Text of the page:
Breeding can take place year round, and average litter size is 2-3 cubs. Amur leopards can live up to 20 years in captivity, but the average lifespan in the wild is unknown. A male leopard radio-collared at 2–3 years of age by WCS scientists in 1994 was photographed during camera trapping surveys in 2003, proving that leopards can live more than 10 years in their natural habitat. However, results of WCS camera-trapping research indicate that mortality rates in the wild may be very high.

Amur leopards are threatened by poaching, encroaching civilisation, new roads, poaching of prey, forest fires, inbreeding, possible coexisting with disease carriers and transmitters, and exploitation of forests.

Due to the small number of reproducing Amur leopards in the wild, the gene pool is so reduced that the population is at risk from inbreeding depression.

Tigers can eliminate leopards if densities of large and medium-sized prey species are low. Competition between these predators supposedly decreases in summer, when small prey species are more available. In winter, conditions are less favorable for tigers and the extent of trophic niche overlap with that of Amur leopards probably reaches its peak.

Poaching of leopards is a main threat to their survival. There are rumours but no evidence that Chinese traders buy leopard skins; no skins were confiscated at borders to China. In 14 months from February 2002 to April 2003, seven skins or part of skins were confiscated, six in Russia and one in China. Leopards are most often killed by local Russians from small villages in and around the leopard habitat. Most of these villagers hunt entirely illegally; they have no licenses for hunting nor for their guns, and they are not members of one of the local hunting leases.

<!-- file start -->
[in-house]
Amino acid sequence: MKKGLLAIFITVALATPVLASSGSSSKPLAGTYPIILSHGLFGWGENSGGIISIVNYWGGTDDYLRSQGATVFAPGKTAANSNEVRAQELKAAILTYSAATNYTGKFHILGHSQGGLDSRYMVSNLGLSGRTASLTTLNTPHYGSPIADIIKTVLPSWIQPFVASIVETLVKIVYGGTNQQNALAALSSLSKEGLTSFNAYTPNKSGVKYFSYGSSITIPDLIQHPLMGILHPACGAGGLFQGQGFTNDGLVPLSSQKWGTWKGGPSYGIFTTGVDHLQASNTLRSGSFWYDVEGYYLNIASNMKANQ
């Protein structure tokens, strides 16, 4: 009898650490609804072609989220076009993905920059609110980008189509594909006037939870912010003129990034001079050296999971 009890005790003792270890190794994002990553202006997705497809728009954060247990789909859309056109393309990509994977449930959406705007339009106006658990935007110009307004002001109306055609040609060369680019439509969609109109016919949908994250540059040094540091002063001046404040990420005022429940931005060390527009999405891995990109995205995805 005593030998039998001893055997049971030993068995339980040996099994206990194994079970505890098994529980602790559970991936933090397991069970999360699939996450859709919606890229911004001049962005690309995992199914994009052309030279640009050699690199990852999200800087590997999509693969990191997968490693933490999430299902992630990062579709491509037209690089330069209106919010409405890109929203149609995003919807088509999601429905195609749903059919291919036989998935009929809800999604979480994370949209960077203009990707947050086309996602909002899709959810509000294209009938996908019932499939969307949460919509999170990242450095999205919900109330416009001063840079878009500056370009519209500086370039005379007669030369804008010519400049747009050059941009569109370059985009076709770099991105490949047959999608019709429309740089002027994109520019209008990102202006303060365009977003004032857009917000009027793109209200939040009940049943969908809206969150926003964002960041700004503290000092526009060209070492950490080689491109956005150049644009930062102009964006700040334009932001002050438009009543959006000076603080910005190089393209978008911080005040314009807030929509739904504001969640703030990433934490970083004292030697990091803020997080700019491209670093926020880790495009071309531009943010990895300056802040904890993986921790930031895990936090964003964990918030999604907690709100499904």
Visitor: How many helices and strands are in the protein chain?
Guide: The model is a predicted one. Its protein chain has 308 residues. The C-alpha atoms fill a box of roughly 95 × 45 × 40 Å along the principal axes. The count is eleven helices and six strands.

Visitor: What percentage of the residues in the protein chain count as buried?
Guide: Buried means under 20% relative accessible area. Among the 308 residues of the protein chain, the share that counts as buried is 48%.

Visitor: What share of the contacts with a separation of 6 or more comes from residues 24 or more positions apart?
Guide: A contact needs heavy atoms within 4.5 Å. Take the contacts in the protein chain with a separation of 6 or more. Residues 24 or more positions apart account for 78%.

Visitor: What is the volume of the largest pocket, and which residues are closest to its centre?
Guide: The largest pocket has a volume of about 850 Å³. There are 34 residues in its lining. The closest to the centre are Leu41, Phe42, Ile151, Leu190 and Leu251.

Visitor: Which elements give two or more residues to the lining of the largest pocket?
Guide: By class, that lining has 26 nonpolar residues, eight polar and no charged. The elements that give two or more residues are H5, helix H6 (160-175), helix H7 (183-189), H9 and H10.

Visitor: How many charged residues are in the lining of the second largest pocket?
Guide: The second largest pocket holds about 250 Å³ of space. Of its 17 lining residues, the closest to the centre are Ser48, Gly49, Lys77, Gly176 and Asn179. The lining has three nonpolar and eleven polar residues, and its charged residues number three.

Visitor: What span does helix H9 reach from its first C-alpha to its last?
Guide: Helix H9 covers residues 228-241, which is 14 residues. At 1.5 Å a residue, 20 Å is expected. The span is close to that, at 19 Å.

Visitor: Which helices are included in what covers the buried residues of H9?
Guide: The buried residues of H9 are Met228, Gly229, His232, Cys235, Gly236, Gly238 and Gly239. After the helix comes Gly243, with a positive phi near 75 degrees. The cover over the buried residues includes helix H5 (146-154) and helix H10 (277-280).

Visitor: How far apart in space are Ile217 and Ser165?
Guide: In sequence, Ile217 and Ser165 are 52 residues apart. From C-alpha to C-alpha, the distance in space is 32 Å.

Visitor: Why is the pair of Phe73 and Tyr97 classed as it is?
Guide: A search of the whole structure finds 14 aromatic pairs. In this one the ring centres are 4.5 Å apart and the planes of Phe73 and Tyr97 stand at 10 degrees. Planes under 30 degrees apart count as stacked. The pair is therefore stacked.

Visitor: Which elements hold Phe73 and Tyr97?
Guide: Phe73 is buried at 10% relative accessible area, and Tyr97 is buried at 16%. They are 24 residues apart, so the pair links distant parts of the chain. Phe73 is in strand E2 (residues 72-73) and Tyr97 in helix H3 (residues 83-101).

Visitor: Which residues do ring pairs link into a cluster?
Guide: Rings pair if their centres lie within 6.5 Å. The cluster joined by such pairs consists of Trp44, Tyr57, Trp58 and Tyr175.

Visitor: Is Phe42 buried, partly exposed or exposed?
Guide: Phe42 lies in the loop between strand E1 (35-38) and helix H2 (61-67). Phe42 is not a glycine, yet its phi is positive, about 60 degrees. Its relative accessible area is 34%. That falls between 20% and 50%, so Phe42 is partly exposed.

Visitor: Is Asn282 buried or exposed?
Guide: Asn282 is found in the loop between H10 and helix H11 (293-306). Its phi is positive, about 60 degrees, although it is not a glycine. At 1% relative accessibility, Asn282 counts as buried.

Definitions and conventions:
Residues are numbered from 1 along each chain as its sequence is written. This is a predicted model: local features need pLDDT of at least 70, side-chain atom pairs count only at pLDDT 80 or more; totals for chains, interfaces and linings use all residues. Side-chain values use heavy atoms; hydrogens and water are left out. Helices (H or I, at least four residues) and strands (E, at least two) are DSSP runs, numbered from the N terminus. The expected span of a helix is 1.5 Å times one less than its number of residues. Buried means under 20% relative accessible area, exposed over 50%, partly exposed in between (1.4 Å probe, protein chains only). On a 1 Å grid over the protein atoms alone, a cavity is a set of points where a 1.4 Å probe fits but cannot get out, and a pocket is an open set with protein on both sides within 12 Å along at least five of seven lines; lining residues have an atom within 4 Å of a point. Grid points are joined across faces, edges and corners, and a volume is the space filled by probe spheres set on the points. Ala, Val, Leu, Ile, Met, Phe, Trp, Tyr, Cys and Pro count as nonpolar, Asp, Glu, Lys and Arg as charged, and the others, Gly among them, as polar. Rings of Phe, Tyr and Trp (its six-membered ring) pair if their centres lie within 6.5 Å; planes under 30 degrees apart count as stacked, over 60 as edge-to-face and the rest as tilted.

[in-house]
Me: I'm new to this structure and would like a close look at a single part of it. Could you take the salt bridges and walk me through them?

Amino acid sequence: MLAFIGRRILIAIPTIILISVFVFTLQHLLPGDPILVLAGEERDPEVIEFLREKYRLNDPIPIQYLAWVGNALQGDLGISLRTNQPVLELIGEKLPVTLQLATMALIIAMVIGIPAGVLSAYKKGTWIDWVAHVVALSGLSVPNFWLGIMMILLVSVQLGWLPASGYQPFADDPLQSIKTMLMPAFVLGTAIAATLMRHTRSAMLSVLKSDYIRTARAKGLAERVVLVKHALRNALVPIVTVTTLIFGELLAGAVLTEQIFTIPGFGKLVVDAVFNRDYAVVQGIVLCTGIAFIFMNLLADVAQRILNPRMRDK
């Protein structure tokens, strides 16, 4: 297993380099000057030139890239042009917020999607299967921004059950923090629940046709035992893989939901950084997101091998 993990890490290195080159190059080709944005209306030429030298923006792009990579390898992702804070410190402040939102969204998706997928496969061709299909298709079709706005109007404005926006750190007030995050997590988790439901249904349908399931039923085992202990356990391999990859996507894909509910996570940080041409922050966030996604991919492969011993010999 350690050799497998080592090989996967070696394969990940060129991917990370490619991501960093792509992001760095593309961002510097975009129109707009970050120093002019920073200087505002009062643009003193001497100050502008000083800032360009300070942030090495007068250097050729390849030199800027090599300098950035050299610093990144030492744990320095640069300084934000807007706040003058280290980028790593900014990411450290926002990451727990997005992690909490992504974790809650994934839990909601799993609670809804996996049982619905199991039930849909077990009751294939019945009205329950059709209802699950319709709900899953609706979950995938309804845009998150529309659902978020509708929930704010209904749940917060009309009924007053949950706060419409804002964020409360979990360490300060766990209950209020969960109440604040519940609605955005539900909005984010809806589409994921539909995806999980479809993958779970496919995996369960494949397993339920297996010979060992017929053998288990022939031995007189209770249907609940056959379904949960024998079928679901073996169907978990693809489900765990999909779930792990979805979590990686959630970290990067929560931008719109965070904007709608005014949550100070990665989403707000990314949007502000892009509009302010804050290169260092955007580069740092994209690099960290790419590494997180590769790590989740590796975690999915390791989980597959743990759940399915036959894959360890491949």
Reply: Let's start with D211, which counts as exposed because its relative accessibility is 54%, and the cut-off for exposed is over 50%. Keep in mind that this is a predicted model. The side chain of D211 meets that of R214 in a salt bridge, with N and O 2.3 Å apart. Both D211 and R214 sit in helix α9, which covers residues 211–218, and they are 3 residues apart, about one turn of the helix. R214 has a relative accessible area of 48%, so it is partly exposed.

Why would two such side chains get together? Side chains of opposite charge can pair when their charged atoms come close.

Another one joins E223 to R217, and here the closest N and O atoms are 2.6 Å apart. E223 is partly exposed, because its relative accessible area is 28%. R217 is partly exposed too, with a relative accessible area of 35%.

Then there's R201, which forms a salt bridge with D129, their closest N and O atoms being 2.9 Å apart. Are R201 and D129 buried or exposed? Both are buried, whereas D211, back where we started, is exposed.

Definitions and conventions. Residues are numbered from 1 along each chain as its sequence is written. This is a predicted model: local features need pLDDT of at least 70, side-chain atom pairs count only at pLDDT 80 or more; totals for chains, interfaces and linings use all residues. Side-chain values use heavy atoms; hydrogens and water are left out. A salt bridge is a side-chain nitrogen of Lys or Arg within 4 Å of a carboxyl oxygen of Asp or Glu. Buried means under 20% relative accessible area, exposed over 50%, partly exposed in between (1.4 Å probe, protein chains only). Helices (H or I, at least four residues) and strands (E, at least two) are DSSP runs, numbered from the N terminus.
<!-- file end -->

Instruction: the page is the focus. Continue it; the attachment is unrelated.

In 1999, skins of poached Amur leopards were offered for $500–1,000 near a protected area in Russia.

Human induced fires are a main threat to the survival of the Amur leopard. Setting fire to fields is a habit of rural farmers who start them for a particular purpose such as improving fertility for livestock grazing, killing ticks and other insects, making scrap metals visible so that they can be easily collected, culling vegetation along train tracks, and stimulating fern growth. Young ferns are sold in shops, served in restaurants and also exported to China as a popular dish. Surveys using satellite images and GIS techniques revealed that on average 19% of south-west Primorye burns annually, and a total of 46% burned at least once in six years. Due to a long and frequent fire history, much of the land in south-west Primorye has been converted to permanent grasslands. These frequent fires cause degradation of suitable leopard habitat into unsuitable habitat. Repeated fires have created open "savannah" landscapes with grass, oak bushes and isolated trees that leopards seem to avoid, again probably because of low ungulate densities.

The Amur Leopard only exists in an area in the wild smaller than 2500 km2, smaller than Dorset. This border area is located between far east Russia and north east China.